Should landlords have the right to refuse DSS tenants?10:43 AM, 20th May 2019
About 4 weeks ago 124
HM Treasury has said it welcomes representations as part of the policy-making process and the views of stakeholders are gratefully received.
There will now only be one Budget each year held in the Autumn with a Spring Statement in 2018, but this will not be a major fiscal event.
Guidance has been issued by HM Treasury on how to submit a Budget representation with the aim of commenting on government policy and suggesting new policy for inclusion in the upcoming Budget.
Property118 Campaign Member, Dr Rosalind Beck, has made the following submission below and would encourage all Property118 readers to make their own or similar submissions.
Proposal for Budget to either:
(a) Scrap Section 24 of the Finance (no. 2) Act 2015; or:
(b) Make the measure only apply to new purchases.
The evidence for the need to scrap this pernicious measure is outlined in my report below:
1) There are many reasons why this bizarre tax on revenue (overturning the centuries-old principle that taxable profit = revenue – costs) should be scrapped, but perhaps the most pressing one in financial terms is that it will lead to high levels of homelessness amongst the worst-off in society. This is because it necessitates landlords maximising rents and evicting those with the fewest means to pay those rents. This is already occurring. Any revenue from this new tax levy which the Treasury expects to receive will be dwarfed by the costs of dealing with the homelessness which it will cause.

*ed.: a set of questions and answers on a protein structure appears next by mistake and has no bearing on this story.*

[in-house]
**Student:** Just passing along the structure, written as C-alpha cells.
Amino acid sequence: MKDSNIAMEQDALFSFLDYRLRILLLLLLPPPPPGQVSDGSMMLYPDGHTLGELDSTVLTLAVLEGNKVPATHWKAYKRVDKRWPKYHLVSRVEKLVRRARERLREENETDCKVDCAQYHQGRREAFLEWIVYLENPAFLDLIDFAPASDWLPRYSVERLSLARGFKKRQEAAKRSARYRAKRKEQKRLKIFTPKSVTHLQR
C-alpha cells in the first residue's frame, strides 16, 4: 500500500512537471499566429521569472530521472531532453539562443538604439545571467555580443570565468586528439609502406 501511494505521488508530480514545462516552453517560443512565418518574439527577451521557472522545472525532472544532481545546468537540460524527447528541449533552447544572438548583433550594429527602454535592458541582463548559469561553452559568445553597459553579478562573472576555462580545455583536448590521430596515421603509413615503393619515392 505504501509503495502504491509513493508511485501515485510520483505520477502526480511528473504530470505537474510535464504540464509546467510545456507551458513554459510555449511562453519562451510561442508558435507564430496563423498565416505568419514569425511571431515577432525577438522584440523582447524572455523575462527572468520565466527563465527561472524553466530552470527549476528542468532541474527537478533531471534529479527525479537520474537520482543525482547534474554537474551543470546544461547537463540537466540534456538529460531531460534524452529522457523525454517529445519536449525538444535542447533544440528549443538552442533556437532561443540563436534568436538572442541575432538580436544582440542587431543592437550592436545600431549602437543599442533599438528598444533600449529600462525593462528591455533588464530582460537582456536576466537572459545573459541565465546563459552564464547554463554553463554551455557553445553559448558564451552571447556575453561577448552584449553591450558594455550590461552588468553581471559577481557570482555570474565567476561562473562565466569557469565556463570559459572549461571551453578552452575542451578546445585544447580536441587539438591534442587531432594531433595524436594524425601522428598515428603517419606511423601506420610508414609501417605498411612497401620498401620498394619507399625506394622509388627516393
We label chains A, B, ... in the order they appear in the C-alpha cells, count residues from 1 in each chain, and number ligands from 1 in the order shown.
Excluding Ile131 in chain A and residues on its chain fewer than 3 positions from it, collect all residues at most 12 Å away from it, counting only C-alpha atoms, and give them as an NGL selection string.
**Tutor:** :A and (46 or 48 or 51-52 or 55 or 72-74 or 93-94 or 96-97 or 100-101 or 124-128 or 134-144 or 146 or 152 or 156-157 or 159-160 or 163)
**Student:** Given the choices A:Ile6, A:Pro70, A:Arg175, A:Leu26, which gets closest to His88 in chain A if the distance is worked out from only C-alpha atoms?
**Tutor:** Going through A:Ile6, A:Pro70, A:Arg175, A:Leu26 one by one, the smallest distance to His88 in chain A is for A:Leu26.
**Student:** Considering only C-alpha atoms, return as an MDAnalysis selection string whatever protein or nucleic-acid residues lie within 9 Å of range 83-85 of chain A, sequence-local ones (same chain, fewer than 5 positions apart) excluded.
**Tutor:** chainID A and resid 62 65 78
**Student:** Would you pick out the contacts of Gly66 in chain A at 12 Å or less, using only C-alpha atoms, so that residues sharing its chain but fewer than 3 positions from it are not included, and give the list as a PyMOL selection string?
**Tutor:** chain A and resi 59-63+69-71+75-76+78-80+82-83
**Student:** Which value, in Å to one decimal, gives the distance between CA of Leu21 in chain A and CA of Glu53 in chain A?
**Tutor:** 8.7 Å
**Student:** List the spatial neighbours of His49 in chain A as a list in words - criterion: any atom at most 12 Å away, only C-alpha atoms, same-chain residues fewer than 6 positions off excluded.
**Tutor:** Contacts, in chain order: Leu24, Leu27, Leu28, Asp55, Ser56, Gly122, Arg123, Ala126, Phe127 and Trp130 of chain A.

2) Ideally it needs to be completely reversed, but if this is felt to be undesirable for whatever reason, it should at least only apply to new purchases, in order for it to not be retroactive. Whilst this would mean that private landlords would not expand their portfolios (and therefore would not develop much-needed housing), it would not punish and in some cases ruin landlords’ businesses, livelihoods and pensions by retroactively taxing them (many landlords are effectively tied into their mortgages and cannot simply sell, so will have to deal with the new potentially infinite tax rates introduced by the measure).
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